As President Obama prepares to return to the Gulf Coast Friday, he is receiving increasing criticism for his handling of the oil spill. For good reason: Since the Deepwater Horizon rig blew up on April 20, a lethargic Team Obama has delayed or blown off key decisions requested by state and local governments and left British Petroleum in charge of developing a plan to cap the massive leak.
Now the slow-moving oil spill threatens Mr. Obama's reputation, along with 40% of America's sensitive wetlands. Critics include some of his most ardent cheerleaders, who understand that 38 days without an administration solution is unacceptable.
Obama officials have it backwards: They talk tough about BP's responsibilities but do not meet their own responsibilities under federal law. They should not have let more than a month go by without telling BP what to do. And they should avoid recriminations against their partner in solving the problem until after the leak is sealed.
Ken Salazar sounds whiney when he rails against BP. It didn't build confidence when his opening statement to a congressional hearing Wednesday focused on future safety and inspections requirements, and not on what the administration will do now to end the leInitially, Team Obama wanted to keep this problem away from the president (a natural instinct for any White House). It took Mr. Obama 12 days to show up in the region. Democrats criticized President George W. Bush for waiting four days after Katrina to go to New Orleans.
Now the administration is intent on making it appear he has engaged all along. But this stance is undermined by lack of action. Where has its plan been? And why has the White House been so slow with decisions?
Take the containment strategy of barrier berms. These temporary sand islands block the flow of oil into fragile wetlands and marshes. Berm construction requires approval from the Corps of Engineers and the U.S. Fish and Wildlife Service. Louisiana officials asked permission on May 11. They have yet to hear back. The feds are conducting a review as oil washes ashore.
The federal government was even slower on the question of dispersants, chemicals used to break up the oil and hasten its evaporation from the surface of the water. On May 8, Louisiana sent a letter to BP and the EPA begging BP not to use dispersants below the surface of the water. Subsurface use of dispersants keeps oil slicks from forming. But when it doesn't come to the surface to evaporate, the oil lingers below, gets into underwater currents, and puts at risk fisheries that supply a third of America's seafood.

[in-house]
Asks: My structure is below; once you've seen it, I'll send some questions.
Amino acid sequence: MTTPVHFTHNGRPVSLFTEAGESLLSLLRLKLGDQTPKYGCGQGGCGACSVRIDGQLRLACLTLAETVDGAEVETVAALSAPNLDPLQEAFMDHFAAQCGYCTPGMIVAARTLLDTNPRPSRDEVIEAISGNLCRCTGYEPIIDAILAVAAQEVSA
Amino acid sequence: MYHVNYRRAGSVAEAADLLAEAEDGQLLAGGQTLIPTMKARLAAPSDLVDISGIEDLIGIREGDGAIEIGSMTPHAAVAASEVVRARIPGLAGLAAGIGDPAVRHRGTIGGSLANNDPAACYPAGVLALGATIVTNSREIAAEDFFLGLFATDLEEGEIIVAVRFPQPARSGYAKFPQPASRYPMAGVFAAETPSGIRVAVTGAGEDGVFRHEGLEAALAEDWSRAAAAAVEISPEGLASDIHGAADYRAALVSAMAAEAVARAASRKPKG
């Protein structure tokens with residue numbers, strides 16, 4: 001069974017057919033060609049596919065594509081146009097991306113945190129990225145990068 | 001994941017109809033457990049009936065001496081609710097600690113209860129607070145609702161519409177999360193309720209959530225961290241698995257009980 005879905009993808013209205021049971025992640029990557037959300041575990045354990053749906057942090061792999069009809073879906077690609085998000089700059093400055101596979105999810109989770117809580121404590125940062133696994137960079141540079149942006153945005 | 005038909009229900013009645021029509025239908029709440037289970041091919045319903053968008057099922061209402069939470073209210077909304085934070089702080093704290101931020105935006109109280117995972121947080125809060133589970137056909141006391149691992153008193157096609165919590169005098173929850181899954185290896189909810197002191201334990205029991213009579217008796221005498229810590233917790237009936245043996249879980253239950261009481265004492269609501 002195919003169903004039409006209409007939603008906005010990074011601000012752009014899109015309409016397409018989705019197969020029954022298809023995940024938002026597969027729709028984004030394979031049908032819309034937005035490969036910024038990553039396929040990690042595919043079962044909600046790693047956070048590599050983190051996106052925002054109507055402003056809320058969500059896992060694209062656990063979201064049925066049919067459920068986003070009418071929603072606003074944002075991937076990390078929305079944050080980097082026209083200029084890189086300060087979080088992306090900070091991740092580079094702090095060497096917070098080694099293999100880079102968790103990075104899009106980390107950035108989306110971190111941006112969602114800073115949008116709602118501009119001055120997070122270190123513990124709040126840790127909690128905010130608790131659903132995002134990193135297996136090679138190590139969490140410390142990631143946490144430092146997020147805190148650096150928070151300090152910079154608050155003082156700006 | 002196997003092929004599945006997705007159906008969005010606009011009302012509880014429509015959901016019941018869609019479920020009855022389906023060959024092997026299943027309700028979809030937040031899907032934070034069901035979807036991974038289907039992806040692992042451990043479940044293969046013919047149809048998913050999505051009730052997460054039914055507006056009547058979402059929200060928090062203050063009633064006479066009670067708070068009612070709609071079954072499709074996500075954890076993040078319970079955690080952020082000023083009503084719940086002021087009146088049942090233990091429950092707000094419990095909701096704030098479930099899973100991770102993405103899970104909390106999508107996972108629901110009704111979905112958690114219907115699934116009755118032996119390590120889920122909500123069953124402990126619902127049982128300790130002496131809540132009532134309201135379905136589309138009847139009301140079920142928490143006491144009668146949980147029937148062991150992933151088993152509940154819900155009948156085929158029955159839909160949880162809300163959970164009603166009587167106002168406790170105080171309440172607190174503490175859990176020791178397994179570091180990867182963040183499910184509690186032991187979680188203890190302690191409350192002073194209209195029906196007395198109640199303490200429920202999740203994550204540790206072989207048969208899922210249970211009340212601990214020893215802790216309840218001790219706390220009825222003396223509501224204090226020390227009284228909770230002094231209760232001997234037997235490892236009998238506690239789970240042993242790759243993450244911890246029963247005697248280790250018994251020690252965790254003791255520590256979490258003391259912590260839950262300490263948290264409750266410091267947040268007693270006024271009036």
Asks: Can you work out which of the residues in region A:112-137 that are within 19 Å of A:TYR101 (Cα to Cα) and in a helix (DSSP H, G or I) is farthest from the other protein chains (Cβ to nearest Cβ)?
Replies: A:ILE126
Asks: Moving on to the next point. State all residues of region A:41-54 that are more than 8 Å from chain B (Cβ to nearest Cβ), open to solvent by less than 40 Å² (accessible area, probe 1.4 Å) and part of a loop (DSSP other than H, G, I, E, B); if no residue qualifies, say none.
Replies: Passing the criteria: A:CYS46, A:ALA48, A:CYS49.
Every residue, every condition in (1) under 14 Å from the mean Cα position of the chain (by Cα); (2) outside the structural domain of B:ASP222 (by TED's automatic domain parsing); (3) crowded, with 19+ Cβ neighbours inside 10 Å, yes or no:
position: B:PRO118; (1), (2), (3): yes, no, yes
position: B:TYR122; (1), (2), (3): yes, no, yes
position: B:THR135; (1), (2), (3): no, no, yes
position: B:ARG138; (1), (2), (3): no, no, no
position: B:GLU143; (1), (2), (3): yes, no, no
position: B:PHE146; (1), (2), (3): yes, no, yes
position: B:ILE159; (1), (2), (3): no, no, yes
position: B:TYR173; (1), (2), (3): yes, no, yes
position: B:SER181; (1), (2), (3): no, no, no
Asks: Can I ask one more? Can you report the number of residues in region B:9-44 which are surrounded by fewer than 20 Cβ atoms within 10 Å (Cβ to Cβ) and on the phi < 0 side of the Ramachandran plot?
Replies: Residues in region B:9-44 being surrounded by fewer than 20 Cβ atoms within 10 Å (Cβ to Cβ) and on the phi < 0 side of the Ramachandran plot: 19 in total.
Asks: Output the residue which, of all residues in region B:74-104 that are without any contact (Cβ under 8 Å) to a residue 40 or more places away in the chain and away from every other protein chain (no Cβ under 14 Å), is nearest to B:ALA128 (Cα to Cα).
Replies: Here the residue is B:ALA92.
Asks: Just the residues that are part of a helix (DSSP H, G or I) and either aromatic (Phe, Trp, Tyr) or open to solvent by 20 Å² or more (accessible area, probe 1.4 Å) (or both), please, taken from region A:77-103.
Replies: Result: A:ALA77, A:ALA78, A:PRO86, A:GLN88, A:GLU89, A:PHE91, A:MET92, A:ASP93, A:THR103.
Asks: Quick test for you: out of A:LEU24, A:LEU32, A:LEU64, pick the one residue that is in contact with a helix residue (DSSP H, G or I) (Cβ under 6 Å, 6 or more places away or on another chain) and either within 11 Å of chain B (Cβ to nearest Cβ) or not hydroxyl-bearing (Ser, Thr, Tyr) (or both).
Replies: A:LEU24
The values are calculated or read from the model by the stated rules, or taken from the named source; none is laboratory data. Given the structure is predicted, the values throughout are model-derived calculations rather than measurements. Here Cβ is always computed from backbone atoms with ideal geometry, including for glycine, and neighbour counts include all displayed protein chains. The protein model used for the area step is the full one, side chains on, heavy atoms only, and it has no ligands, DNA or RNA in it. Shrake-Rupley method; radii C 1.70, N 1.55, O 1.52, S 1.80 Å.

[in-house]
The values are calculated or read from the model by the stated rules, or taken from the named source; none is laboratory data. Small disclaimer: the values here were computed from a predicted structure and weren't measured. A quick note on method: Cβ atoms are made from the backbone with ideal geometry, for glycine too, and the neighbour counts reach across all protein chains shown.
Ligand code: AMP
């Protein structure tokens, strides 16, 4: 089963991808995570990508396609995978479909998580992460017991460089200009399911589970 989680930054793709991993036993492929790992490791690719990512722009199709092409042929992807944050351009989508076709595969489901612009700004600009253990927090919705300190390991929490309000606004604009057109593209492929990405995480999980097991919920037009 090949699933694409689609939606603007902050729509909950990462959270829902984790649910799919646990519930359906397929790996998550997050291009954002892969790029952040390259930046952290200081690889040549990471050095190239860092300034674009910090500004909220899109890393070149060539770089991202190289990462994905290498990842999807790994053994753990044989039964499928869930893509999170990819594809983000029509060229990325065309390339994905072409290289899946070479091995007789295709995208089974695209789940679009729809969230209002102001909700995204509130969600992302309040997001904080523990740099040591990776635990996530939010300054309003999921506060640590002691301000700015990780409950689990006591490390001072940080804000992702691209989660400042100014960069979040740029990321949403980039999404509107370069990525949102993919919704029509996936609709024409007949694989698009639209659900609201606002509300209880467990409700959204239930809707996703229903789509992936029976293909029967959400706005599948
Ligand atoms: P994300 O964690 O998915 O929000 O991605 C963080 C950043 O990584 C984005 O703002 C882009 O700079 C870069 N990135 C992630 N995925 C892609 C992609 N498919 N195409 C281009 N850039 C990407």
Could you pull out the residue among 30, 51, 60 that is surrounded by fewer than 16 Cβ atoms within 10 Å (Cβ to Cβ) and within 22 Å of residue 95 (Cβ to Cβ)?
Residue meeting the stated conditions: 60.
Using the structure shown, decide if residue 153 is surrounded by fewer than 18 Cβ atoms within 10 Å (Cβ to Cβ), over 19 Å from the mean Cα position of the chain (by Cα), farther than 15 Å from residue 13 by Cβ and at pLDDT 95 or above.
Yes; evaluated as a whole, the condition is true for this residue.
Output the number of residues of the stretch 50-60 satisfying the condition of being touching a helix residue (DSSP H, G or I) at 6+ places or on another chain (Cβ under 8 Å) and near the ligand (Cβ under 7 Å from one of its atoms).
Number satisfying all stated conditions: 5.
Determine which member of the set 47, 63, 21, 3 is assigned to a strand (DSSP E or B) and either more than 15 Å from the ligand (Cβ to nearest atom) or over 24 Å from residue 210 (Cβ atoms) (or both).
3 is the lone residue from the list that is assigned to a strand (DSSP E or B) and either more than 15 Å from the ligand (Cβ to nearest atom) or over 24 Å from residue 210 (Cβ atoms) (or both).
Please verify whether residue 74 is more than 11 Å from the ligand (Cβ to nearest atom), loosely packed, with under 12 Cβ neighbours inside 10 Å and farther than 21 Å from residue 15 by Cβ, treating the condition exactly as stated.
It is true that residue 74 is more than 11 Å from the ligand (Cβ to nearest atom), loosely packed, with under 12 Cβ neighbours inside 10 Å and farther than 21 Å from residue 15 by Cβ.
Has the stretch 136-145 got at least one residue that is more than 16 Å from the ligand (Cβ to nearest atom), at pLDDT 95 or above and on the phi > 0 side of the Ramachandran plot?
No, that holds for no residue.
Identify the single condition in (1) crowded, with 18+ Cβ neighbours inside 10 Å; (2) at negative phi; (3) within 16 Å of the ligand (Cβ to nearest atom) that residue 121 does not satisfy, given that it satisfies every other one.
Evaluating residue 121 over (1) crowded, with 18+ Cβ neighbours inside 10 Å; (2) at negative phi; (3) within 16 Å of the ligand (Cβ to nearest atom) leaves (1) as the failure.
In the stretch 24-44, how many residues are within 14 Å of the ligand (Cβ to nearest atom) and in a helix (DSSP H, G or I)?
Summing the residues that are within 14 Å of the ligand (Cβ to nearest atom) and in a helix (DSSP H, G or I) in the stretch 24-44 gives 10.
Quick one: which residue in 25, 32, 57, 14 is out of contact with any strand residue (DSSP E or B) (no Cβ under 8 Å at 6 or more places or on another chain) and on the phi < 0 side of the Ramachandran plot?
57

On May 13, EPA overruled the state and permitted BP to use dispersants 4,000 feet below the surface. Then, a week after BP released 55,000 gallons of dispersants below the surface, EPA did an about-face, ordering BP to stop using the dispersant and to "find a less-toxic" one. Louisiana officials found out about this imprecise guidance in the Washington Post. BP refused, EPA backed off, and Louisiana's concerns about their marine fisheries remain.
Last weekend, as winds and currents drove oil towards particularly sensitive wetlands, the state asked Washington to mobilize all available boats to deploy booms and containment devices. Federal officials didn't act. Local officials were forced to commandeer the boats. Even then some equipment went unused.
State officials believe their federal counterparts don't have a handle on the resources being deployed and are constantly overestimating the amount of booms, containment equipment, and boats being used.
Could this be Mr. Obama's Katrina? It could be even worse. The federal response to Katrina was governed by the 1988 Stafford Act, which says that in natural disasters on-shore states are in charge, not Washington. The federal obligation is to "support . . . State and local assistance efforts" by providing whatever resources a governor requests and then writing big checks for the cleanup. Mr. Bush had to deal with a Louisiana governor and a New Orleans mayor who were, by federal law, in charge.
But BP's well was drilled in federal waters. Washington, not Louisiana, is in charge. This is Mr. Obama's responsibility. He says his administration has been prepared for the worst from the start. Mr. Obama's failure to lead in cleaning up the spill could lead voters to echo his complaint in Katrina's aftermath: "I wish that the federal government had been up to the task."
This article originally appeared on WSJ.com on Wednesday, May 26, 2010.